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Here’s what you need to know
The largest producer of aluminum in the US reported a surprise loss. Alcoa blamed the higher costs of energy and raw materials for the $60 million adjusted loss.
Tesla released its third quarter results. The electric car maker reported slightly lower revenue than analysts expected, better-than-forecast earnings.
Hyundai investors demanded action to address child labor reports at US plants. The South Korean car maker promised to cut ties with the Alabama factories—implying it had yet to do so.
Corporate board members began resigning seats held at rival companies. The US justice department reported progress in its drive to investigate potential breaches of antitrust law.
UPS agreed to pay a $5.3 million fine and fix hazardous waste violations. The US Environmental Protection Agency had found breeches at more than 1,100 facilities across the country.
Mining giants made their case against Chile’s proposed royalty bill. Representatives of BHP and Antofagasta Minerals told lawmakers the levy would affect billions of planned investments.
What to watch for
Leaders of the EU’s 27 member states begin a two-day meeting today (Oct. 20) in Brussels. The energy crisis remains a top priority for the bloc, especially following the recent damage to the Nord Stream pipelines.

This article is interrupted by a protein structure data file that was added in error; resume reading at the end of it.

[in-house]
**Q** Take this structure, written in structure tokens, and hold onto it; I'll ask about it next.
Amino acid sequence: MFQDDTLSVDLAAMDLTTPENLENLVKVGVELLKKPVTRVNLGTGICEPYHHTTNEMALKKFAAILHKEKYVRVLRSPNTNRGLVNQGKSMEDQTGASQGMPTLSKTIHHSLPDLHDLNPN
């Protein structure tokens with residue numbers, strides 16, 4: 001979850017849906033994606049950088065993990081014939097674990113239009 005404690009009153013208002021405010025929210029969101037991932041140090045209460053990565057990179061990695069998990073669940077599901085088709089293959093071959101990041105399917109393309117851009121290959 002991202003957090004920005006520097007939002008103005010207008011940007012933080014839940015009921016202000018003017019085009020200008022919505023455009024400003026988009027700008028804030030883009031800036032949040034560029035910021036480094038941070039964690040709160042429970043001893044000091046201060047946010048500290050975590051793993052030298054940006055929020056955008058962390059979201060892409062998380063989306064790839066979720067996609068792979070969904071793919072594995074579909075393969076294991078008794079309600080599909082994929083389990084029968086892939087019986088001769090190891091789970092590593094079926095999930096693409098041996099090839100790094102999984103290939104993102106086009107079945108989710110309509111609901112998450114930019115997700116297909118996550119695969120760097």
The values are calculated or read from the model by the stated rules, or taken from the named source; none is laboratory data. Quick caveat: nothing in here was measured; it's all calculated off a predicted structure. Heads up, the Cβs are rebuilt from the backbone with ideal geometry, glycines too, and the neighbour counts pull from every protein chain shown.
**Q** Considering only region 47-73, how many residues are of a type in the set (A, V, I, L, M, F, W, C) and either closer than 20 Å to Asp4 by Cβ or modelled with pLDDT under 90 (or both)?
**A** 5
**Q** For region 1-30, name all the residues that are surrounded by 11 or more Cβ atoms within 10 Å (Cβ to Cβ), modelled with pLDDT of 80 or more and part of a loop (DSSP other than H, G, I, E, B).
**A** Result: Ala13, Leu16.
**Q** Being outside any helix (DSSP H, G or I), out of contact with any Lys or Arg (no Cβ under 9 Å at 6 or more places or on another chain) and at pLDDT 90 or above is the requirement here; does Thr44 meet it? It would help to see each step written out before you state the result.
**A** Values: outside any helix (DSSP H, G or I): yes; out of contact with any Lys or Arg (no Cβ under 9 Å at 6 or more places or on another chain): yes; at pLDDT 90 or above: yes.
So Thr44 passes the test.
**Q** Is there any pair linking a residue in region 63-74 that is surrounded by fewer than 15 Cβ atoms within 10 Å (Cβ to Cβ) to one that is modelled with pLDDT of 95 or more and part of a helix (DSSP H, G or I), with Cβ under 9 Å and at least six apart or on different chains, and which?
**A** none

Members face a complex task: achieving independence from Russian fossil fuels while also curbing energy prices. The EU is due to implement a ban on Russian oil imports in December as well as impose a price cap on oil and gas, but progress on both fronts has been a slog.
A price cap on Russian oil was approved earlier this month as part of a new round of Russian sanctions, but it was light on important details, such as the actual price point. And a plan for a gas price cap isn’t ready, but the European Commission has asked members to draft a proposal. Reaching a consensus will be tricky, but implementation even trickier.
Who needs subscriber forecasts anyway?
Streaming giant Netflix surprised investors by turning around two quarters of subscriber losses in its latest earnings report, netting 2.41 million new viewers. But don’t expect future subscriber forecasts from the company. Beginning in 2023, that metric is gone, and it’s all about that top-line revenue, baby.
Netflix hopes that by nixing its subscriber forecast in favor of a revenue guidance, investors will start to see it as a diversified entertainment media brand instead of just a streaming company. It makes sense—Netflix’s days of binging on unchallenged subscriber growth are over, so why not decouple its fortunes from its ability to expand its 223 million-strong subscriber base?
But the reporting change (Netflix prefers “guidance evolution” 💅) doesn’t alleviate the growing competitive pressures it faces from rivals like Disney and Amazon. A new number might shift investors’ focus, but they’ll still be tough critics.
The next step in Amazon’s union saga
The Amazon Labor Union was just handed its second election loss in a row at a warehouse in Albany, New York. It’s not the kind of momentum workers were looking for ahead of another vote set to take place at an Amazon warehouse in Moreno Valley, California.
While unionizers won’t accept the results of the last two elections lying down, the setbacks do raise questions around whether the grassroots organization has the resources and experience to take on the e-commerce behemoth.
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